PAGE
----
August 3: Mahmoud Ahmadinejad and Ali Khamenei's relationship status changes to "It's Complicated"

August 5: From the album "Inauguration PAR-tay!":


Someone give this man a hug, preferably before he develops nuclear weapons.

Waste Not, Get Bribed

You've heard the scary facts:
-the peoples of the industrialized world are making a collective mad dash toward peak oil, the point at which world oil production begins to decrease due to scarcity even as demand rises.
-the gasoline wasted on a single trip to Walmart with one of today's inefficient cars could be used in sixty years to operate a hyper-efficient, lightweight tractor enough to feed a family of four for a month. Since you've already used that gasoline, though, your grandchildren will probably just starve.
-for every pound of coal burned in a power plant to heat and cool the oversized houses we've been building in undesirably hot locations, four additional pounds need to be burned to generate electricity that will simply be lost as heat of the power lines on their way to their destination.
-by 2050, Frosty and his fellow snowmen will be hunted nigh unto extinction for their eyes, as American bison once were for their tongues.


A snowman gives up running (ca. 2046)

Odds are, though, that you, like most people, don't respond well to scary facts.

That's why the government has decided to bribe you instead (an interesting reversal from a longstanding tradition of government bribes going the other direction). They are now offering a complicated diagram which suggests that you could qualify for up to $4,500 toward a new car if its fuel efficiency is at least ten miles per gallon better than an old one you agreed to have smelted on the spot.

Where does the government get the money for this program? you may ask. The answer is outlined in another complicated diagram I've lost the link for. Basically, the idea is that poor Chinese factory workers invest the majority of their savings in U.S. treasury bills in the hopes of keeping the U.S. economy healthy as a market for cheap, tainted toys. The U.S. spends a portion of this money hiring bureaucrats to misfile T-bill purchaser information to prevent a future default on debts and then spends the remainder stimulating pieces of the economy, after careful consideration, more or less at random.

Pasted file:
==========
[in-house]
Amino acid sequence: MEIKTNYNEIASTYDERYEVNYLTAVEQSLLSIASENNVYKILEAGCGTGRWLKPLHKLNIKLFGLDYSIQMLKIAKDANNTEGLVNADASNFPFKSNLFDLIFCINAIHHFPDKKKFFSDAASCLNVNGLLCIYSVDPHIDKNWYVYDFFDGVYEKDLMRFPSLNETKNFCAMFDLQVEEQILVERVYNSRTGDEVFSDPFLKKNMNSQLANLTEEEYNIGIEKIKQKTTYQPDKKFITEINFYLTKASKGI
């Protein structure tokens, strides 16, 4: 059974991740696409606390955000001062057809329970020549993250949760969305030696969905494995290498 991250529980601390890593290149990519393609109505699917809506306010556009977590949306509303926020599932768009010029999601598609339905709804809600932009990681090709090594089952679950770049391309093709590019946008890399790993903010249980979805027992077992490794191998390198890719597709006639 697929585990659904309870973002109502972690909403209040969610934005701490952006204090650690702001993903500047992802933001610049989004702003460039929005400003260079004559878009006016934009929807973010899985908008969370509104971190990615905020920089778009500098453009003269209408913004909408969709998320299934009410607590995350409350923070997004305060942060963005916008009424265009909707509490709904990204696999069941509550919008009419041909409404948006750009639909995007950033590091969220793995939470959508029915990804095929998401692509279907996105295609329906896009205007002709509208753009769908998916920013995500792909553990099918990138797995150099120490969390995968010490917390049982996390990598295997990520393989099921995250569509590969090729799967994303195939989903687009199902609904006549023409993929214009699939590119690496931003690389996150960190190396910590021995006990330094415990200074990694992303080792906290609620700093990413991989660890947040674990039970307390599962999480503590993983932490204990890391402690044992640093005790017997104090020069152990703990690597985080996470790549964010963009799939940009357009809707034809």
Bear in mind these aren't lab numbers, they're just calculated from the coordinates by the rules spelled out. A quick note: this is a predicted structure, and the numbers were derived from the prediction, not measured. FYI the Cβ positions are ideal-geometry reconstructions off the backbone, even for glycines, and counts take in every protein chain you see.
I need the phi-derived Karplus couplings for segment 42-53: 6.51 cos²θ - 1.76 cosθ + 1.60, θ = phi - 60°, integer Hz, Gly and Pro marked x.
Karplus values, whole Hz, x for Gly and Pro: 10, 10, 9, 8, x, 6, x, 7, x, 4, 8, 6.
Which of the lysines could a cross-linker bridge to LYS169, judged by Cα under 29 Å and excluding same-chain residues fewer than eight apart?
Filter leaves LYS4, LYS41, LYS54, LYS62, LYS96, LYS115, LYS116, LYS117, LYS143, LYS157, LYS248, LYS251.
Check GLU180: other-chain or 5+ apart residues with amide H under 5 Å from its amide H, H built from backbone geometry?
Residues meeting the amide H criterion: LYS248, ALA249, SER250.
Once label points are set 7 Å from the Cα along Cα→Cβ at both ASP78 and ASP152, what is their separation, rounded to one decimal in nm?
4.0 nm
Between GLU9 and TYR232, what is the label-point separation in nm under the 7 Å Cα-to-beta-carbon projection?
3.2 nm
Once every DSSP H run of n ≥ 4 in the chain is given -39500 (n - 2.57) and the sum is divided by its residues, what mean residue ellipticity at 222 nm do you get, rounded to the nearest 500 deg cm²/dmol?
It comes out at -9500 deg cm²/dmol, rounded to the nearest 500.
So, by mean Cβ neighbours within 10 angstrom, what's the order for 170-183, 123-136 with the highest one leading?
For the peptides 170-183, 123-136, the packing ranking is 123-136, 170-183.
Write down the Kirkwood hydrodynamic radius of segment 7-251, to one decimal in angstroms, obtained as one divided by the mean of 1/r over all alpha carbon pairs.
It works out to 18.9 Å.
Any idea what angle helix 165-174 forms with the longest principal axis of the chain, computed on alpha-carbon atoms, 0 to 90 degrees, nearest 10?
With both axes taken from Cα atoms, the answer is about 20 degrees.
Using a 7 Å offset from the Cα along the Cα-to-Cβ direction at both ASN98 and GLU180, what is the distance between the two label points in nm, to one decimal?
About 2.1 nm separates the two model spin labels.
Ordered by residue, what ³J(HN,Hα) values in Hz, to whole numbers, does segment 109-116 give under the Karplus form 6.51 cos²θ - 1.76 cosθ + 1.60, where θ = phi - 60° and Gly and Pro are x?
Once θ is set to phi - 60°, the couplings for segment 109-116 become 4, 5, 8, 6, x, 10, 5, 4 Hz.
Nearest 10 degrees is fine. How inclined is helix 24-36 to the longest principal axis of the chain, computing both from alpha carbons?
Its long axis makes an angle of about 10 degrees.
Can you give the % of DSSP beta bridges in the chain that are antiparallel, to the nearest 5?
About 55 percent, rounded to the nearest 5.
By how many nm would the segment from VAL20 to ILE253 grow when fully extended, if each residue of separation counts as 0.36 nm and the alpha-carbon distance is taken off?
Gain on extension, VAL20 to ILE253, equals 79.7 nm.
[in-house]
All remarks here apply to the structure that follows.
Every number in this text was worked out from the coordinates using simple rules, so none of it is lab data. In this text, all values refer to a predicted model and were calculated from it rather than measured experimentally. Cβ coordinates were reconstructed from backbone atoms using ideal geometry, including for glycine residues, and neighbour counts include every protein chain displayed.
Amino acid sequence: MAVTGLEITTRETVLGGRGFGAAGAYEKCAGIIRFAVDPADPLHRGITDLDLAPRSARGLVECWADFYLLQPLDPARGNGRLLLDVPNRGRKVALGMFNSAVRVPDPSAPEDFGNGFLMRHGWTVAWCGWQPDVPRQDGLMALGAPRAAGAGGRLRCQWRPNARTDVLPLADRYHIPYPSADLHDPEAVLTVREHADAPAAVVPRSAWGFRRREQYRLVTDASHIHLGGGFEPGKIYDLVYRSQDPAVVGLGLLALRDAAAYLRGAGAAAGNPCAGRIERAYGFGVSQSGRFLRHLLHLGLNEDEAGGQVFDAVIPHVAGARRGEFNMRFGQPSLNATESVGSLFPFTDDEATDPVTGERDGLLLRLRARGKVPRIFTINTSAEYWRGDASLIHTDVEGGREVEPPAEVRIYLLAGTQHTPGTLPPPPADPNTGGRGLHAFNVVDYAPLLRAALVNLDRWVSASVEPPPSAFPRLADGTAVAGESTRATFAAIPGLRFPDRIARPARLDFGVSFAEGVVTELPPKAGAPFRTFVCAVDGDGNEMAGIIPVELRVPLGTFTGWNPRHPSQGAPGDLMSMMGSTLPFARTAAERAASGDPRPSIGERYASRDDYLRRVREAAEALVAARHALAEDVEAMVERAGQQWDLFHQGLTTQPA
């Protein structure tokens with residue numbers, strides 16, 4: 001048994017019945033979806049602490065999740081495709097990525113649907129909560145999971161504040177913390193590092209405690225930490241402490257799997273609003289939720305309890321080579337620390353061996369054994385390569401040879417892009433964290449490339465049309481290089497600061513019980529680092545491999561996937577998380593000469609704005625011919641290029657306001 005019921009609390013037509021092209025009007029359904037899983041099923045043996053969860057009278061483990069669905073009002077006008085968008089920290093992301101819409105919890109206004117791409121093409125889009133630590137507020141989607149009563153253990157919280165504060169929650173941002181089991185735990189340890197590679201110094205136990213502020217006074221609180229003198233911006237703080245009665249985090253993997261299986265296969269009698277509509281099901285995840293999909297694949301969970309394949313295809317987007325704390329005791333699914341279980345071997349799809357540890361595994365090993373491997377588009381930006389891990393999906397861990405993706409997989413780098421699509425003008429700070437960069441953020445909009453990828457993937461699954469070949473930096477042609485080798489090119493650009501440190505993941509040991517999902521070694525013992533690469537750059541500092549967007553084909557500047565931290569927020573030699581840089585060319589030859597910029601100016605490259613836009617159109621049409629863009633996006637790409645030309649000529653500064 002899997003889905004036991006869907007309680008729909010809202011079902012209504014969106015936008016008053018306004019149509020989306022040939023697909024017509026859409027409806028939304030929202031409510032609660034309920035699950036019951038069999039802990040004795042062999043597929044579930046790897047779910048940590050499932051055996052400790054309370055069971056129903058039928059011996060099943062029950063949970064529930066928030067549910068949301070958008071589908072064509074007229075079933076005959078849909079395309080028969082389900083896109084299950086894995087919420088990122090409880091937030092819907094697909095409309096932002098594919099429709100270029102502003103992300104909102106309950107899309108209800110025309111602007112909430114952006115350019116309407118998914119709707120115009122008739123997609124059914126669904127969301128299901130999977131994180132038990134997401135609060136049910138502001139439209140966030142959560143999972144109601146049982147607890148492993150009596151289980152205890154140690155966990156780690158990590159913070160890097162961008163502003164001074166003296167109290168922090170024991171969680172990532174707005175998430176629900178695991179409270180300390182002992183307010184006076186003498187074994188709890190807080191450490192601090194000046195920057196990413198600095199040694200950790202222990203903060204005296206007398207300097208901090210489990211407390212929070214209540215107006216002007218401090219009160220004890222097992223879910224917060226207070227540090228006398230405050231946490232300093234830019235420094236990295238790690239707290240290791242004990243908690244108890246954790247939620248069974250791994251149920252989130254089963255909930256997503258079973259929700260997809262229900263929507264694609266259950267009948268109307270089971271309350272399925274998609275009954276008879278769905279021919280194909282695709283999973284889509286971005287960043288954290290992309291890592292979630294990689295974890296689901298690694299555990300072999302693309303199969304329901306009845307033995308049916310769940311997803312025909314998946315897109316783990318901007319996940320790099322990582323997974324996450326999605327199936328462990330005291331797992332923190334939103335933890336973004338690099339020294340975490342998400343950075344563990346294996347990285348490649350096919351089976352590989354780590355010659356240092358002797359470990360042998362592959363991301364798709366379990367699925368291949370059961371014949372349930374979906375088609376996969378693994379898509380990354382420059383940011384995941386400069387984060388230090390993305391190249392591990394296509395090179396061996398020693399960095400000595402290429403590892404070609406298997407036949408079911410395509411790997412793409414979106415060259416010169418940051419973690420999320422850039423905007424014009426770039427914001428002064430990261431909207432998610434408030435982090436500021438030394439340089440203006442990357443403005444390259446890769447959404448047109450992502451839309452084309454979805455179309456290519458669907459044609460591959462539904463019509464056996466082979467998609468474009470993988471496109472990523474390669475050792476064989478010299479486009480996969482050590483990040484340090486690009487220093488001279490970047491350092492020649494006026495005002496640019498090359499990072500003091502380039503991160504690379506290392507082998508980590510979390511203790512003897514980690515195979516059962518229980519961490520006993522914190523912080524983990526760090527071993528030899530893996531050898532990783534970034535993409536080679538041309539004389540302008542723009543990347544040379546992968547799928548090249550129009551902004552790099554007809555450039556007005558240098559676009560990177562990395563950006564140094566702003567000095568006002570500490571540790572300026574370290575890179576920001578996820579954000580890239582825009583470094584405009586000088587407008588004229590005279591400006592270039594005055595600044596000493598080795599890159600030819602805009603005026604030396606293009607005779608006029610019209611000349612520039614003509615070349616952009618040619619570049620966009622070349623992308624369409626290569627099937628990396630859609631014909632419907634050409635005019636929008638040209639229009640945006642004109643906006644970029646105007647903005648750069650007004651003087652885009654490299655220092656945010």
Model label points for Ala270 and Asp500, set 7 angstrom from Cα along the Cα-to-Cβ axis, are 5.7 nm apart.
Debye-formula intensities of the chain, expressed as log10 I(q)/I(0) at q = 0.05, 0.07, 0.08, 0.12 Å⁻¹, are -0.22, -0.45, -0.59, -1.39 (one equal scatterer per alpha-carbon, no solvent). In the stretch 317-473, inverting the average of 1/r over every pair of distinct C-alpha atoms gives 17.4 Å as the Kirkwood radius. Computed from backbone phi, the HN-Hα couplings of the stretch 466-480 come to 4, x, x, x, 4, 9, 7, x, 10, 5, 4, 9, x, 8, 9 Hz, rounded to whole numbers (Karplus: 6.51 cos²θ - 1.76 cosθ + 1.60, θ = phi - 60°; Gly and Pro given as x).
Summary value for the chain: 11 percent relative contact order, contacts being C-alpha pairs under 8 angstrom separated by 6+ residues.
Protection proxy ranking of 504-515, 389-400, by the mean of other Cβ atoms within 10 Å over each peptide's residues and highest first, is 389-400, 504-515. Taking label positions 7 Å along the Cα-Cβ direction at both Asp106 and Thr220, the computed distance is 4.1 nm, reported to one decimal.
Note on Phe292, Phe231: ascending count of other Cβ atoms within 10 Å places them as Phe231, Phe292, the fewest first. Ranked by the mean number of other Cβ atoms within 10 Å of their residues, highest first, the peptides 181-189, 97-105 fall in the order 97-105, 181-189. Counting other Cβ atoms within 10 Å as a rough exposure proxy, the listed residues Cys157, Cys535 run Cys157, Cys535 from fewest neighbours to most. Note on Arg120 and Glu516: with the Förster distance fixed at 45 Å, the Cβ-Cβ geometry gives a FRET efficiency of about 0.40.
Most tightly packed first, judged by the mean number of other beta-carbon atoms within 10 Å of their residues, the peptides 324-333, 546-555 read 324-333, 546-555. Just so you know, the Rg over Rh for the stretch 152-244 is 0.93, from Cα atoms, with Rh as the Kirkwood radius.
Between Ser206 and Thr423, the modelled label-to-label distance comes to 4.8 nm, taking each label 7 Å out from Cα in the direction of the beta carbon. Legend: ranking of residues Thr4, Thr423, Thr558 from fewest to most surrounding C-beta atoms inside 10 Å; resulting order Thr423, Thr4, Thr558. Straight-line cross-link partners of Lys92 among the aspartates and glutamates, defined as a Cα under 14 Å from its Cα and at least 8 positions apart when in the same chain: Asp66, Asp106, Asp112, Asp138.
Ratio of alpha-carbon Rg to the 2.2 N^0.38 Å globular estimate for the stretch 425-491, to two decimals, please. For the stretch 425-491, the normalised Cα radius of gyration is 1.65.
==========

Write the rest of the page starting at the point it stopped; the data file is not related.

In my view, the "Cash for Clunkers" bill has largely vindicated random government action. Probably entirely by accident, the bill has includes far-sighted elements where energy is concerned, and has the shorter term side effect of getting some government money back to recently-obtained government automotive businesses.

The only thing I could hope for at this point is that the government followers up the "Cash for Clunkers" legislation in twenty years or so with an even more visionary "Huts for Houses" bill that enables people to trade away their McMansions for hovels and firewood.

Who knows? We might just need it.

Strange Dreams

The first time, I was in Orem Library when it started burning down. I don't know how I knew at the beginning that it was burning, or what started the fire (perhaps it was simply Spontaneous Literary Combustion), but I was doing my best to get everyone safely out. I was almost ready to leave the building myself when I realized--I'd left the family menorah in there! I couldn't let it burn. I rushed back to pick it up and started out, and then remembered I'd left my own silver menorah, and went back for it. I found it quickly, and, clutching both menorahs, tried to get out again--when I realized I'd forgotten another menorah. And then another. The flames were closing in as I was running out and I woke up in a sweat wondering what on earth I'd been doing trying to save four menorahs in this stupid fire dream and why I still felt so panicked.